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Writing for Raksmey: A Story of Cambodia



For a day and a night I have been celebrating Chinese New Year with Battambang friends who can claim a Chinese ancestor somewhere on the family tree. Never in earlier years have I heard talk of a Chinese ancestor but Chinese New Year is becoming fashionable as an extra holiday.

The women of the families have cooked the elaborate meal that is requisite for this occasion. They have observed the ritual of placing the gold coloured pouches laced with gunpowder one by one on an open fire. It is a noisy recall of the ancestors. I welcome the silence now.

Battambang town feels familiar even in the pre-dawn darkness. I recognise the mingled smell of tropical fruit, garbage, frangipani and steamed rice as I sit alone in a quiet place, a high flat rooftop with a chair and a small garden of green plants in pots.

It is a little before 5.30 in the morning. The old Battambang market, Phasar Nhat, with its clock stopped since Year Zero Khmer Rouge time, is below me in the starlight. When it is light I will walk across the bridge to Wat Kandal, ‘the central wat’, to meet Bob. The monks have not yet started chanting.

There is a pinpoint of light in the darkness below. Someone down in the market has lit a Chinese New Year fire in a tin bucket. The flames cast a glow on the market benches, the stools and the rafters. Staccato retorts slice through the silence and I smell the gunpowder.

As if the first lighting was a challenge another fire and yet another is lit. Rat tat-tat-tat-tat-tat-tat below where I am sitting is followed by tat-tat-tat-tat-tat-tat from west, north and south. The sound is enough to awaken the dead. I try to think of the veneration that is intended, not the violent explosions that happen.

I recall a dark morning in Battambang town in 1992. I was sitting at a roadside table. It was this same brief time of tropical darkness turning to light. My hand steadied the steaming glass of dark coffee laced with sweetened condensed milk balanced on the tin table. A very young soldier with plastic thongs on his feet sat down beside me and rested his AK-47 and his hand-held rocket launcher beside my coffee. I knew that soon he would mount the back of a motorbike and head to battle. ‘Yeay, the mosquitoes bit me last night,’ he said as he rolled up his sleeve to show me the bites on his arm.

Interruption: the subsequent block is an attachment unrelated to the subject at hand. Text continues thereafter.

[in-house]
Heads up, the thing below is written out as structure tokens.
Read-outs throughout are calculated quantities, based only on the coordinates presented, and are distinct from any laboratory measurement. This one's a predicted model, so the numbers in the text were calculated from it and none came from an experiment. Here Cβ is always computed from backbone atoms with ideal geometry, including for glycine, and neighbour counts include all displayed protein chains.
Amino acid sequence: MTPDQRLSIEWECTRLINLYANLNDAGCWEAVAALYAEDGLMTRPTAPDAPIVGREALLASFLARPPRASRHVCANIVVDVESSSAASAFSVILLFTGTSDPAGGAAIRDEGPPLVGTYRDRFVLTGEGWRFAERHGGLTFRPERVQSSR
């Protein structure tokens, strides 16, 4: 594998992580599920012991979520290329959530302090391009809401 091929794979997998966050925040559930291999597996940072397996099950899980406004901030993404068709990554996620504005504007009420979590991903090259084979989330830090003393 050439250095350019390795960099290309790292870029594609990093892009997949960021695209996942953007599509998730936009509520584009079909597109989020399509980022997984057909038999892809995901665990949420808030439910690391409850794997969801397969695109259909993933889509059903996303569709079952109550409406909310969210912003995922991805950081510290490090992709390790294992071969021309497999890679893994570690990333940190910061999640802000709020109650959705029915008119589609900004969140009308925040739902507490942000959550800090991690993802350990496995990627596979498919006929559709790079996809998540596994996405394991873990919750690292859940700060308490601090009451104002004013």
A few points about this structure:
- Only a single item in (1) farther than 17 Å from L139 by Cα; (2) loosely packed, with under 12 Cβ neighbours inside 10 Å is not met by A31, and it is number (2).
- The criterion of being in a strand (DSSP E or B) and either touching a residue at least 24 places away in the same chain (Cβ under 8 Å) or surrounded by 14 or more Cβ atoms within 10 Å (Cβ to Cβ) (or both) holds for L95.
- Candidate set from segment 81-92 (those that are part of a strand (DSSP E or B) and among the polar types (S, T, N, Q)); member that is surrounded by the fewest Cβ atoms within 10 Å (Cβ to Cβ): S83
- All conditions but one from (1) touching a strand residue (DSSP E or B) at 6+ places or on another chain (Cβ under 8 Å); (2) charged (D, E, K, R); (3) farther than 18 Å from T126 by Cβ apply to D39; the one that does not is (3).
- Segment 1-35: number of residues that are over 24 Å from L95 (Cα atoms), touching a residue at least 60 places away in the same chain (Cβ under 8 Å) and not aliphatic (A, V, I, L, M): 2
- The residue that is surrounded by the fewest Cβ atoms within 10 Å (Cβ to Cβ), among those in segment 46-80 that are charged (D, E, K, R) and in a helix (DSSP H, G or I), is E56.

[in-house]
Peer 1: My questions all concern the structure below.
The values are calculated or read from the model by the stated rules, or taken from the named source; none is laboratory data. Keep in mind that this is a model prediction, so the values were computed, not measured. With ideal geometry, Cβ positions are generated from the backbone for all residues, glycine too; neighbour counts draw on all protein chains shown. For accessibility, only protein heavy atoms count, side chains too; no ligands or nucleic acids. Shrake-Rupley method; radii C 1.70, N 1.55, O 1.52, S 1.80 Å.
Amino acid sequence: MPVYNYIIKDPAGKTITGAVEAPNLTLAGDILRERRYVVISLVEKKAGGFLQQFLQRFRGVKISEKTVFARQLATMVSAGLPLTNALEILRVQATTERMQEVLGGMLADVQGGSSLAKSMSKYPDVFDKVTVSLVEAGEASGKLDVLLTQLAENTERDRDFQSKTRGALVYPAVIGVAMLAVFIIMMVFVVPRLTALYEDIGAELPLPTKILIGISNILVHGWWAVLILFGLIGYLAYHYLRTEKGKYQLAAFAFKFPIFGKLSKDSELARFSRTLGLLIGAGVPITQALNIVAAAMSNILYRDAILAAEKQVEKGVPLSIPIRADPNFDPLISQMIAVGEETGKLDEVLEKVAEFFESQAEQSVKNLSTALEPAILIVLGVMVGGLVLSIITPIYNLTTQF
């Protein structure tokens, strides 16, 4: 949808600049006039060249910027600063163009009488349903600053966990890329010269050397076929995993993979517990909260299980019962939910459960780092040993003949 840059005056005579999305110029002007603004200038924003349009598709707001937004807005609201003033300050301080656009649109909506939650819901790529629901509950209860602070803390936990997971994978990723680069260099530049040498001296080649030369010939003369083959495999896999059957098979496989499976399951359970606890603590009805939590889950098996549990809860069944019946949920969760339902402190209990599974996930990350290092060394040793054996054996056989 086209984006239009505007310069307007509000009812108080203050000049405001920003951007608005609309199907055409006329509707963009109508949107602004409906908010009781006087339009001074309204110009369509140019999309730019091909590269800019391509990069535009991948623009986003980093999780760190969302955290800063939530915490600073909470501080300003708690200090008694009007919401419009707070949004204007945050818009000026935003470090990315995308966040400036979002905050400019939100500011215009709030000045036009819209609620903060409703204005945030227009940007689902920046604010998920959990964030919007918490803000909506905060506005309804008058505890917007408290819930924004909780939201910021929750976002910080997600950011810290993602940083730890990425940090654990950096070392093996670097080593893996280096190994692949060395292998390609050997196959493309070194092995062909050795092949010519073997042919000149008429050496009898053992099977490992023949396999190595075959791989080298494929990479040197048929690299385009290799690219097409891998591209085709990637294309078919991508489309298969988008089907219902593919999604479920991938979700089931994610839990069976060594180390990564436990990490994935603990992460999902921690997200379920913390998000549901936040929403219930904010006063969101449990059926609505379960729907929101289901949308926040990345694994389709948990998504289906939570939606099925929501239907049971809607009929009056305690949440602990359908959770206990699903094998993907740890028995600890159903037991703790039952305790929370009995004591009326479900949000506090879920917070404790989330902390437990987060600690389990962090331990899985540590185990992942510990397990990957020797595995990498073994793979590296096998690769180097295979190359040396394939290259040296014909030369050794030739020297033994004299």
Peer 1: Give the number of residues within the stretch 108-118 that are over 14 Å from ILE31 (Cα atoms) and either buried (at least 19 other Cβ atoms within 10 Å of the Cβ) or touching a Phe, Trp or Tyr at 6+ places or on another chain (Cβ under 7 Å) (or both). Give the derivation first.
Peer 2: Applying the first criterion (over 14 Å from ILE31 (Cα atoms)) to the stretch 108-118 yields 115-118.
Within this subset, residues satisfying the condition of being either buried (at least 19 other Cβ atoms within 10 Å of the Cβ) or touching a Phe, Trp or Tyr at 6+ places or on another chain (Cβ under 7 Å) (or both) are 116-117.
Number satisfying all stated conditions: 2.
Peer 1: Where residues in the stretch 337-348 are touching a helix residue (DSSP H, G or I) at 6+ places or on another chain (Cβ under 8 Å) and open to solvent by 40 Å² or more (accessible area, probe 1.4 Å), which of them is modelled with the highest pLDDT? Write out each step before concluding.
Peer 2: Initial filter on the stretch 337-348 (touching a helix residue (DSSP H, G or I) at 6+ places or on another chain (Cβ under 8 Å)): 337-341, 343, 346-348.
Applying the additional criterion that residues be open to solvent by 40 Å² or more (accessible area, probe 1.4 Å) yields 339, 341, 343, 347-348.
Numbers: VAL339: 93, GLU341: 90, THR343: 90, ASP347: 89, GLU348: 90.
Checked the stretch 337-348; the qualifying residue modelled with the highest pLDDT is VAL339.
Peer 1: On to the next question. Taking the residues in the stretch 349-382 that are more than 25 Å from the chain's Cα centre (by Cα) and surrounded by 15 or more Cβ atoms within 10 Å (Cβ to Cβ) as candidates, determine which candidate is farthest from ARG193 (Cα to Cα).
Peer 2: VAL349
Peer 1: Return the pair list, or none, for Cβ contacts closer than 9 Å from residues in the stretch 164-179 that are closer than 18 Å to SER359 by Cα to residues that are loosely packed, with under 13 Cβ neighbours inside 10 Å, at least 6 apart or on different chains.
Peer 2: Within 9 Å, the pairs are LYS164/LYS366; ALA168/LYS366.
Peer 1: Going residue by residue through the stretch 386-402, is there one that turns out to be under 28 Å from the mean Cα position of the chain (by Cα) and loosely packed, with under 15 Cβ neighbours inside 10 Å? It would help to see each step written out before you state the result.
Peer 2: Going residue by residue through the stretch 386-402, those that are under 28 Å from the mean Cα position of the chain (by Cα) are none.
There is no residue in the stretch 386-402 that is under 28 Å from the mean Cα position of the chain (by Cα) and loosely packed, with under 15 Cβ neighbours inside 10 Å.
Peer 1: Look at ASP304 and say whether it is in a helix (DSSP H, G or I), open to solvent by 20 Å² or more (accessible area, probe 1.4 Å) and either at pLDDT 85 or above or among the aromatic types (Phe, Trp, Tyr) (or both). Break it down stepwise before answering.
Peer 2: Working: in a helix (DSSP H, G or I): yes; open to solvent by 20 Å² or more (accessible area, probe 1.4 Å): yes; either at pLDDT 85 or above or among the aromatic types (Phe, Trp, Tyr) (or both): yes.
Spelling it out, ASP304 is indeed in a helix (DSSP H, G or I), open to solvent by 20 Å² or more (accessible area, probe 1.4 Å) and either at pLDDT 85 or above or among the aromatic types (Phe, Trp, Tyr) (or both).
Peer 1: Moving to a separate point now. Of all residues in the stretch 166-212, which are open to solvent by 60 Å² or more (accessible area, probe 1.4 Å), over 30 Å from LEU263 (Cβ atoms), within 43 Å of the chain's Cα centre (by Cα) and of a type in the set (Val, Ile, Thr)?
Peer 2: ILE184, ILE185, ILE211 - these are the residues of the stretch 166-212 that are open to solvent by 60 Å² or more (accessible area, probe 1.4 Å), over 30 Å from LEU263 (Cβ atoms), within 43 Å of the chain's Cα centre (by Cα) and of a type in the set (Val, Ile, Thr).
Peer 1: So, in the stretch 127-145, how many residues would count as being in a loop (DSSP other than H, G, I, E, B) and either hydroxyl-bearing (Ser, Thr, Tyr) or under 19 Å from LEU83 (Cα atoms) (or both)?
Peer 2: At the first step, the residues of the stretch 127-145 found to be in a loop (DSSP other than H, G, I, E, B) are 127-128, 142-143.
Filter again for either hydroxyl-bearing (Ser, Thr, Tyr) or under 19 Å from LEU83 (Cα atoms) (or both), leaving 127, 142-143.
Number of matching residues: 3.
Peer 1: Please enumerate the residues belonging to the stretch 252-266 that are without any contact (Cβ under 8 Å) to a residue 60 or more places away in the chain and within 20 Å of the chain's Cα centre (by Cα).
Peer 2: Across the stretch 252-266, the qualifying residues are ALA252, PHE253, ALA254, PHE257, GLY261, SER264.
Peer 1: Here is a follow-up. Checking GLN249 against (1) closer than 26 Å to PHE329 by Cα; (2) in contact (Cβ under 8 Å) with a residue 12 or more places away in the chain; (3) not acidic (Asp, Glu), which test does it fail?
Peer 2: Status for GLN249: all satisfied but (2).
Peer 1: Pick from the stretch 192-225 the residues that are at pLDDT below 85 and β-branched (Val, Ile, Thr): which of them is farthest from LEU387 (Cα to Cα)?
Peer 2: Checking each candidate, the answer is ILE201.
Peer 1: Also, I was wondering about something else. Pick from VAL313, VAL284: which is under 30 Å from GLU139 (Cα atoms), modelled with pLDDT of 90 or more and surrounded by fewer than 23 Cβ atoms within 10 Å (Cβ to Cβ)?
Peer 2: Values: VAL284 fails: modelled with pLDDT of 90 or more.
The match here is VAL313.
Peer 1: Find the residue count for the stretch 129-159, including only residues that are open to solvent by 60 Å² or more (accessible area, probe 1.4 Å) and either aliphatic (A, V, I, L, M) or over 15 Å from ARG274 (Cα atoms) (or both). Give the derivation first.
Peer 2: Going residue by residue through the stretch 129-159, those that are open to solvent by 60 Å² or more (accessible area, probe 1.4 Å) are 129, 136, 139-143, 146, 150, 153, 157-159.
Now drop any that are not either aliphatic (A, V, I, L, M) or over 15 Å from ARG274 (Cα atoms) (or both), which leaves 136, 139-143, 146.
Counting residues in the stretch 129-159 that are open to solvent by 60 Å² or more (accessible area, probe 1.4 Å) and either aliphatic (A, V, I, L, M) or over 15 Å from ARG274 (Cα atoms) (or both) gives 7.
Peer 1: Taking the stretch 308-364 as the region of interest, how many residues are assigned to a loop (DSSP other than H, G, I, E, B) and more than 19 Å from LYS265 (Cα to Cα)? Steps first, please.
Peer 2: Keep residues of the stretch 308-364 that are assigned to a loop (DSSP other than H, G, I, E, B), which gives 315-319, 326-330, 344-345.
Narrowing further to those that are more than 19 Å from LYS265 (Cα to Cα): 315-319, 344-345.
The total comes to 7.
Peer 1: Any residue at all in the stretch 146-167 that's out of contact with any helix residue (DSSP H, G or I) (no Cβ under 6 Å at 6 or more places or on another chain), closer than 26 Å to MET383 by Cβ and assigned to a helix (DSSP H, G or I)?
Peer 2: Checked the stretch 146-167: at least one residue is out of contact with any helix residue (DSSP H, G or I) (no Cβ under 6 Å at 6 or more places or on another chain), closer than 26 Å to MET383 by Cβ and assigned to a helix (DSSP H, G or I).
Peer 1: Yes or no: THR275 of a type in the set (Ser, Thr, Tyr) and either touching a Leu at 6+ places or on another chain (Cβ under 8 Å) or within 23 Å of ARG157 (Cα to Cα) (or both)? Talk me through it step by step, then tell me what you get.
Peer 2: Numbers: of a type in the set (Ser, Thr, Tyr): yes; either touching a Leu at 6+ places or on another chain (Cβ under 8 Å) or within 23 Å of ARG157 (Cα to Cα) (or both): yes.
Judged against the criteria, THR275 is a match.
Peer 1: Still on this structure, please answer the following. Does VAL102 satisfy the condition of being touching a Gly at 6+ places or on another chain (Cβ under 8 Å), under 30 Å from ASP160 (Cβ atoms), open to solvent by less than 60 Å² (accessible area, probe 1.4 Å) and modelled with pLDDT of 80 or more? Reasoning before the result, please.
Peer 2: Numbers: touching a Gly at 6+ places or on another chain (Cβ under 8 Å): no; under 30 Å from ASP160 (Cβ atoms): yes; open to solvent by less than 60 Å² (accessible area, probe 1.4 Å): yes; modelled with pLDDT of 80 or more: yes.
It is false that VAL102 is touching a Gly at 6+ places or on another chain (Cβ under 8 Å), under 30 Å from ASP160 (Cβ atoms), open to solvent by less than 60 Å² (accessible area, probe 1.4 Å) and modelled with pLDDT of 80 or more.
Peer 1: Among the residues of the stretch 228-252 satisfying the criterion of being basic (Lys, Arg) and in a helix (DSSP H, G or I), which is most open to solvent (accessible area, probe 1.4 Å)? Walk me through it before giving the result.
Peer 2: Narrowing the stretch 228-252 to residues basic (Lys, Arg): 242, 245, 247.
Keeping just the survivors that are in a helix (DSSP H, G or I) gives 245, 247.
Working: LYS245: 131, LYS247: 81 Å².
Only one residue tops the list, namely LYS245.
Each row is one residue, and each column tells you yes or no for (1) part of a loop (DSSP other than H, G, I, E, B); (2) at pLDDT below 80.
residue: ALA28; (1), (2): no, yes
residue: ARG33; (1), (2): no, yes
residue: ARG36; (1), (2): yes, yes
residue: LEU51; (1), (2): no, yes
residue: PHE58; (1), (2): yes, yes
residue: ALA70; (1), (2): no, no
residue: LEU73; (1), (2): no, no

He was younger than Reaksa is now.

At first light I cross the bridge to Wat Kandal, to Bob’s residence within the walls of the monks’ place. It is a small Buddhist dwelling painted ochre yellow, its stone front steps leading to a patio that acts as classroom. Trees surround and shelter it, amplifying the peace, separating it from other buildings. In a recent era it was used as a torture centre; now Cambodians, many of them young, come here to learn about non-violence.

The patio is spacious, clean and airy though here and there the paint is peeling from the wall-plaster and some of the floor tiles are broken. The walls are papered in a patchwork of peace: hundreds of coloured posters, peace stickers, images, paintings and photographs. They have been sent here from friends and supporters from around the world.

There are quotes attributed to well-known and unknown peacemakers.

We must find the courage to leave our temples and enter the

temples of human experience, temples that are filled with


Maha Ghosenanda

Lead me from death of life,

from falsehood to truth.

Lead me from despair to hope,

from fear to trust.

Lead me from hate to love,

from war to peace.

Let peace fill our hearts, our world, our universe.


I mourn the loss of a thousand precious lives, but I will not

rejoice in the death of one, not even an enemy. Returning hate

for hate multiplies hate, adding deeper darkness to a night

already devoid of stars. Darkness cannot drive out darkness:

only light can do that. Hate cannot drive out hate: only love can

do that.

Martin Luther King, Jr.

As I wait for Bob to return to this place where the walls speak of what he yearns to do, the monks sweep fallen leaves into mounds. They set them alight and I am ringed with smoke rising in the still air. I think of the smoking ceremony of Australian Aboriginal peoples. It is cleansing.

Writing for Raksmey: A Story of Cambodia

   by Joan Healy